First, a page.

A Unique Approach Encourages Missionary Disciples
On July 9, after attending Mass faithfully for the past twenty years, Dustin Johnson was received into Full Communion with the Catholic Church at St. Peter the Apostle Parish in Trinity. During this celebration, he gave a profession of faith, received the Sacrament of Confirmation, and then received Holy Communion for the first time. His two eldest children received their first Holy Communion at the same time, which was especially meaningful as they were partly responsible for their father entering the Church.
“We had been attending St. Peter’s for two-and-a-half years,” remembered Dustin. “I found a community there, and our children were getting older and starting to attend catechism classes. I told my wife I wanted to look into conversion again.”
Dustin attended a Baptist church off and on while growing up but started going to Mass at the age of 18 when he started dating his now-wife, a cradle Catholic. He had entered the Rite of Christian Initiation of Adults (RCIA) process several years ago, before moving to the Diocese of St. Petersburg, but something didn’t feel right and he found himself making excuses not to attend the sessions. Years later, the pieces began to fall into place, the final one being the parish’s capital campaign. Recognizing the blessing that the parish had been to their family, Dustin and his wife made a generous contribution.
“I’m a financial advisor so maybe things take on more importance when there is money involved,” said Dustin, half-jokingly.
After making a monetary investment to the Church, he knew he wanted to invest his life as well. He began attending RCIA sessions, which like everything else, moved online in March with the quarantine. At St. Peter’s, the RCIA process is unique in that it recognizes that not every conversion is the same, so not every RCIA process needs to be the same. It was soon apparent to the coordinators, that with so many years attending Mass with his family, Dustin already knew more about the Church than the average person seeking to become Catholic. They decided to work with work him individually through weekly Zoom calls for an abbreviated process that would have allowed him to enter the Church at Easter, had COVID-19 not delayed the Sacraments.
“We’ve made some substantial changes to the program in the last year and it seems to be working out,” said Father Michael Suszynski, pastor. “We look at what everyone needs and form small groups based on that. For instance, right now we have a young adult group because their experiences and what they can relate to will be very different from someone who is older. I don’t want people to just jump through the hoops, I want them to really get the most out of their time.”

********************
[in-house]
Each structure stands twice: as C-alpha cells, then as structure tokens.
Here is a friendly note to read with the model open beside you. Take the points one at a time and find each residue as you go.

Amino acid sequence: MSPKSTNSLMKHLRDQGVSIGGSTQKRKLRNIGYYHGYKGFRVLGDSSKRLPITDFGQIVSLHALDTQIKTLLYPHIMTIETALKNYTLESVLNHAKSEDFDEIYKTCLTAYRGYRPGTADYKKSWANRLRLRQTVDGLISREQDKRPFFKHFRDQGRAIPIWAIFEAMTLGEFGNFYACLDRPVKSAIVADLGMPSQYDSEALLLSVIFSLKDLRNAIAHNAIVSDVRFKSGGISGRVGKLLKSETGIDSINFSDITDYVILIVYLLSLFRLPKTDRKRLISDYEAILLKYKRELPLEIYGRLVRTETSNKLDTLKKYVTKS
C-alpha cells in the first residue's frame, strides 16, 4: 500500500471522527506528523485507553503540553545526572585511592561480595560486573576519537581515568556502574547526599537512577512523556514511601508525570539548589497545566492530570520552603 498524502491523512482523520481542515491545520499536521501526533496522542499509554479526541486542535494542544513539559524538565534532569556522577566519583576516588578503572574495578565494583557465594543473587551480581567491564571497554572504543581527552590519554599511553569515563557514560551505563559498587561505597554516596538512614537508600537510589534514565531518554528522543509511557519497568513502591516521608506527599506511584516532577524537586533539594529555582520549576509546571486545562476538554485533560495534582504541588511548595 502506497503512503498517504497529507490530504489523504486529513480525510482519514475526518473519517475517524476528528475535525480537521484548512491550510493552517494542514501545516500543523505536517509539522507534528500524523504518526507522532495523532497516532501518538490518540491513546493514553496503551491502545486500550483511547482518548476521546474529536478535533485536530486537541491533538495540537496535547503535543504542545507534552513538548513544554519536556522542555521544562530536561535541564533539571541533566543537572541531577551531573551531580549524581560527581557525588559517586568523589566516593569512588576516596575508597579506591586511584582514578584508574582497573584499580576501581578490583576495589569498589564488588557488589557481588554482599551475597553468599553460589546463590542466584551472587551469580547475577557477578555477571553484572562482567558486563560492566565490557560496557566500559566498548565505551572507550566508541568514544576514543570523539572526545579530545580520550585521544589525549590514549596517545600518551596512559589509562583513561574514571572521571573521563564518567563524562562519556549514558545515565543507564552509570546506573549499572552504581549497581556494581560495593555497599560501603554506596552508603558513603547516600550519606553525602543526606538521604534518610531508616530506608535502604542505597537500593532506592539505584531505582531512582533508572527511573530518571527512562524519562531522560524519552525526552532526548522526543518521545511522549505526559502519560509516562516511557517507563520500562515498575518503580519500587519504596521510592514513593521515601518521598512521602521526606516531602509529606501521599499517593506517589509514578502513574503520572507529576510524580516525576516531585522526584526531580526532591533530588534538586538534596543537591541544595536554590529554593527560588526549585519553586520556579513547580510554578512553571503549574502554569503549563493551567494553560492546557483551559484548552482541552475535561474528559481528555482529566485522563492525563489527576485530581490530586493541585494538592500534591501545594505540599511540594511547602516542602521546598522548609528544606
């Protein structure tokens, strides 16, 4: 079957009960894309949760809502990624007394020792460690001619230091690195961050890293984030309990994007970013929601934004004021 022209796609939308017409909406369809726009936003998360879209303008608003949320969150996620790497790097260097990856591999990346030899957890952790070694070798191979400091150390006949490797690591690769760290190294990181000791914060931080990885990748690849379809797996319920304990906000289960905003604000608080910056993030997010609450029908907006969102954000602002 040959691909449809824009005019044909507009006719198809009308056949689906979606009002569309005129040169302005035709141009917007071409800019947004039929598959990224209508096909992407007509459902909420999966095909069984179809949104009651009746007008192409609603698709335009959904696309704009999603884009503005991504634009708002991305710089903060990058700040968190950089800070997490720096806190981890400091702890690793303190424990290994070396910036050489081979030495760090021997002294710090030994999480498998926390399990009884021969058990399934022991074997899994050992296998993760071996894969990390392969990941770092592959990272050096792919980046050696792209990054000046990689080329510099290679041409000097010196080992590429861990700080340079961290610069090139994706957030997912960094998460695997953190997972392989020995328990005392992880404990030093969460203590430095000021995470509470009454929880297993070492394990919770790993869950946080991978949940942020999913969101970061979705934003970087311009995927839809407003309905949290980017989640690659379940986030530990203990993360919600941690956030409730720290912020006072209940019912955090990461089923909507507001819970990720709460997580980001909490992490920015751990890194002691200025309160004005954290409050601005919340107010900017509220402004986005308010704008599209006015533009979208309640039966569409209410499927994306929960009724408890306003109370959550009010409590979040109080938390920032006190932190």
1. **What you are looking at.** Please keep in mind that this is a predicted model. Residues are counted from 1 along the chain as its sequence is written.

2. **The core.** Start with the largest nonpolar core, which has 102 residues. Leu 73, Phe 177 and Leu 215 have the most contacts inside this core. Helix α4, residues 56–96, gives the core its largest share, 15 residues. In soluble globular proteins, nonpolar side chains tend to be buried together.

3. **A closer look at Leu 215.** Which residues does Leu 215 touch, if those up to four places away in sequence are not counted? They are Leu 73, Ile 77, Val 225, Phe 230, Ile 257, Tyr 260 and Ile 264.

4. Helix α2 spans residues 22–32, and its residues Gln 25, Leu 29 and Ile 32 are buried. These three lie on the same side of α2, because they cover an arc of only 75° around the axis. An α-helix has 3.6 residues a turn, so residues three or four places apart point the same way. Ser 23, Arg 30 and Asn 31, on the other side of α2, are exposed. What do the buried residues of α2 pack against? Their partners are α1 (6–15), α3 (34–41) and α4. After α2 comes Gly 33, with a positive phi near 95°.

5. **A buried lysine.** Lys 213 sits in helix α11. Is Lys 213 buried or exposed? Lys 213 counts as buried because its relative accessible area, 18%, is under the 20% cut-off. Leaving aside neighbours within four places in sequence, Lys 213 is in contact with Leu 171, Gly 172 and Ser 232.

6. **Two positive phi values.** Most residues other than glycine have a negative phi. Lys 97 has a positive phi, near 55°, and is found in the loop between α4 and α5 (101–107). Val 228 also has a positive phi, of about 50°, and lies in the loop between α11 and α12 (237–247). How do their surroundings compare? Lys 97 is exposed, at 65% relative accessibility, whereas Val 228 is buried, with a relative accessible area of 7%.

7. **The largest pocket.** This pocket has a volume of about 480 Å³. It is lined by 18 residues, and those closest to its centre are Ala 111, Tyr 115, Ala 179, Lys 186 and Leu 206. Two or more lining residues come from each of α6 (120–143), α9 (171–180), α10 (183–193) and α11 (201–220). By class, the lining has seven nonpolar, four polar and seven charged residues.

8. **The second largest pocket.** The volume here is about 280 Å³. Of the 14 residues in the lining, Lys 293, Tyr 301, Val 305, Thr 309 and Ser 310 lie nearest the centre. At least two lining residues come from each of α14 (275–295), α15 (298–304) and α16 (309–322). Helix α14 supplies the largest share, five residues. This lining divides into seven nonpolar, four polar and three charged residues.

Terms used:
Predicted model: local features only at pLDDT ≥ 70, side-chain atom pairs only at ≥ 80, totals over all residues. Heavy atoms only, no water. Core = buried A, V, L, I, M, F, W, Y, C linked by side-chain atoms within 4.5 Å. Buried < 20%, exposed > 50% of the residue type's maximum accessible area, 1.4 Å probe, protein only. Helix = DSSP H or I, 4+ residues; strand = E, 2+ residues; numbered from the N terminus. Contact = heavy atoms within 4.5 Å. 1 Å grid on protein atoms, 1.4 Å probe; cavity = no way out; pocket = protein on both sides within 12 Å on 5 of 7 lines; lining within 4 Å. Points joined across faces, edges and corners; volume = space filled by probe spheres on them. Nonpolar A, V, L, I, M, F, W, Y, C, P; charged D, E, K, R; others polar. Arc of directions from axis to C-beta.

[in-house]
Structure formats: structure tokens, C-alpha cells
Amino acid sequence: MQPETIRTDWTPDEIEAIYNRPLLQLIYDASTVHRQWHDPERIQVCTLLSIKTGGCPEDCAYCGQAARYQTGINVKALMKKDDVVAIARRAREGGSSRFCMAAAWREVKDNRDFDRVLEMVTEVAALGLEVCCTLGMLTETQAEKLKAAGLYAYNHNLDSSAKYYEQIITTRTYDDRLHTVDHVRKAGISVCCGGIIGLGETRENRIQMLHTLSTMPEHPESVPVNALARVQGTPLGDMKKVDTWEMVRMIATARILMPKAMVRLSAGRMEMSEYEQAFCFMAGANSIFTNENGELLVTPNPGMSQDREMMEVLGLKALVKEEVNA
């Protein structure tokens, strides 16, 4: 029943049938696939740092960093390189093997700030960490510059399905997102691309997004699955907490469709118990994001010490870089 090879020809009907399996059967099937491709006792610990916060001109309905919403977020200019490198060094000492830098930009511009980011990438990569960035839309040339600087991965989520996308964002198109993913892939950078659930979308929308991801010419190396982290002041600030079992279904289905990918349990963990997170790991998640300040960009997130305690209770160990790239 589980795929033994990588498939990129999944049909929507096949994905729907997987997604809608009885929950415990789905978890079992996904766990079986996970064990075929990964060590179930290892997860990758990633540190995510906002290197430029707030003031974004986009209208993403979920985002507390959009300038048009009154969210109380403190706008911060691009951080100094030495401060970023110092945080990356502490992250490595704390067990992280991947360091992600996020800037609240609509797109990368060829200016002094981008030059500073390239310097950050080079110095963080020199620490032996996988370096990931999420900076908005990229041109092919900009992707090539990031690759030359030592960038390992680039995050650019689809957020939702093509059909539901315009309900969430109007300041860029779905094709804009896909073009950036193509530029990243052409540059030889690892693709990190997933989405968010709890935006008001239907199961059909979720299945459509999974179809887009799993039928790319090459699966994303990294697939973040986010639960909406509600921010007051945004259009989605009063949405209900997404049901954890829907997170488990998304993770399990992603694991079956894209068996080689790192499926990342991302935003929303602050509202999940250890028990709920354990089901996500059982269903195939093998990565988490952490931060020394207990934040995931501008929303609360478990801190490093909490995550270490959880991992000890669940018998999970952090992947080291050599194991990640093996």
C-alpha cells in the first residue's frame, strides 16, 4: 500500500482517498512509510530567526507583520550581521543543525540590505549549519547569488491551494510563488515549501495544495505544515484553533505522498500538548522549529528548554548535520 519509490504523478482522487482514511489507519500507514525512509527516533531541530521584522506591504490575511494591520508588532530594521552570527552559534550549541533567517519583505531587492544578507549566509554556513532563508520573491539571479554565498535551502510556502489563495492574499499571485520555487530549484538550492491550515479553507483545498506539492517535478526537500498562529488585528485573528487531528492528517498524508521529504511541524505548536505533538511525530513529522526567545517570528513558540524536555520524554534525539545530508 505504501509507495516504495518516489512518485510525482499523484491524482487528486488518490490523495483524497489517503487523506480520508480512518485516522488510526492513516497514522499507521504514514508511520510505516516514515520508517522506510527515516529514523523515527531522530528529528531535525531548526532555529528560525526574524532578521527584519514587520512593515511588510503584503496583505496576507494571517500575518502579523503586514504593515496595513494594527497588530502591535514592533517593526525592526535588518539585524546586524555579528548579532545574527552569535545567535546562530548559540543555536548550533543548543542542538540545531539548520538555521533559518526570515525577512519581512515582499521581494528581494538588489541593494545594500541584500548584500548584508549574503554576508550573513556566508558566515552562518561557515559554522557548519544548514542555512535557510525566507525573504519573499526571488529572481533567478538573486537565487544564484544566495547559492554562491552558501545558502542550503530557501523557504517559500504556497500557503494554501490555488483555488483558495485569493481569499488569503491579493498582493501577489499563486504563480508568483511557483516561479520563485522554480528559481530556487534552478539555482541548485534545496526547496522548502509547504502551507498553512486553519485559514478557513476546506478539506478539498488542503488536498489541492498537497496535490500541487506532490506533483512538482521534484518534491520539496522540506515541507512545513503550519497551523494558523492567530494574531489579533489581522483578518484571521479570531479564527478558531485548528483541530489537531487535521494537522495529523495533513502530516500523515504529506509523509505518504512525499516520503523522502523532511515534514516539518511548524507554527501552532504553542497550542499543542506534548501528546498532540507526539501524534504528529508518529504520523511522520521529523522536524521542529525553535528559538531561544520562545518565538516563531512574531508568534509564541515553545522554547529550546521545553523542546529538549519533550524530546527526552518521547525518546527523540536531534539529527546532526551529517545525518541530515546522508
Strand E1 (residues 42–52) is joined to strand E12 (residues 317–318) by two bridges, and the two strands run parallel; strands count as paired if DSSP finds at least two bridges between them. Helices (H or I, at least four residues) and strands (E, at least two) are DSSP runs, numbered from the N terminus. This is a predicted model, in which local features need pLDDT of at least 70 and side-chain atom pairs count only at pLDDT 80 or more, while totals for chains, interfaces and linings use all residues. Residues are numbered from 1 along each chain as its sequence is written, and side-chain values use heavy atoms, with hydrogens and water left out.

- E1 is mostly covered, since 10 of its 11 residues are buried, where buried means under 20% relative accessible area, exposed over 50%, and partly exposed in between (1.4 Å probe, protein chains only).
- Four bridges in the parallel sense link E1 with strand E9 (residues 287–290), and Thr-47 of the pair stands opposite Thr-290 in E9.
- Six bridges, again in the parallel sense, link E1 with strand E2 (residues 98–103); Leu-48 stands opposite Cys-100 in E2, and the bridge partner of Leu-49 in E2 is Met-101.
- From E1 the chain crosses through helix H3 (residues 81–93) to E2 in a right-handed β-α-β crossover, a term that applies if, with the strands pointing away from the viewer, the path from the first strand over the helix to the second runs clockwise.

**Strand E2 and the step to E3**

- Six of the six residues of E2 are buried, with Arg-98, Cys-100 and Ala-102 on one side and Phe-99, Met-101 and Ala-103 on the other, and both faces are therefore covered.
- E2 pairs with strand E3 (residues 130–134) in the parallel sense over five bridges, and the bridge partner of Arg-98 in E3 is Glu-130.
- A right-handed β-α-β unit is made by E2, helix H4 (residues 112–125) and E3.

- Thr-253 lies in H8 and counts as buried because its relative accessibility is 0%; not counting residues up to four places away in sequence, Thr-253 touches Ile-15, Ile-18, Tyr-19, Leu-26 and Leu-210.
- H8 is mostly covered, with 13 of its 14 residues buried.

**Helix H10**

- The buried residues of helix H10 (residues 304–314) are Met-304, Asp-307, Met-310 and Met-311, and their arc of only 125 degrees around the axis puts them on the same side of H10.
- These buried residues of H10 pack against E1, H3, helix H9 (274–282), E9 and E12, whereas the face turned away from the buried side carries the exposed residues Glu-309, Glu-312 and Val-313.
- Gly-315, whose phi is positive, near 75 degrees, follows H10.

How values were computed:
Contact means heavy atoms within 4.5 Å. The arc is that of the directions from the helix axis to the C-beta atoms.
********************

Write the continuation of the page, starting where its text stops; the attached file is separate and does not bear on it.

With the goal of forming parishioners as missionary disciples, Father Michael envisions creating more tailored ministries in the parish once COVID-19 restrictions are relaxed. A men’s ministry was just getting off the ground when the quarantine occurred and he can see the need for a mom’s ministry for mothers of teenagers. Within these small groups, the members will share camaraderie and prayerful support as they minister to one another. The parish is in the process of installing an industrial kitchen, which will eventually be a place for ministries to gather, and more importantly, to invite.
“A kitchen is important in a parish, just like it is in a house. That’s how you get your family together, around food,” explained Father Michael. “It can really build community and encourages people to invite others in. We have a vibrant parish and that interest spills over to others. People see it and want to know about it. As Christians our vocation is missionary.”
Father Michael encourages everyone, and especially those who have recently entered the Church, to grow as missionary disciples and enrich their faith by joining a ministry or taking on a responsibility in the parish. Dustin recently agreed to serve as a reader at Mass and will begin at the end of September, giving him an opportunity to study, reflect, and proclaim the Word of God.
“I used to go to Mass just to appease my family. Now I go for me and I listen, I think about the readings, I sit and pray after Communion. That has never happened before!” said Dustin. “Everything is more meaningful since my First Communion. Even with COVID, everything fell into line; the right approach, the right people, the fact that they did tailor it to me inspired me to keep going. I’m glad I did it. I never thought I would be as glad as I am.”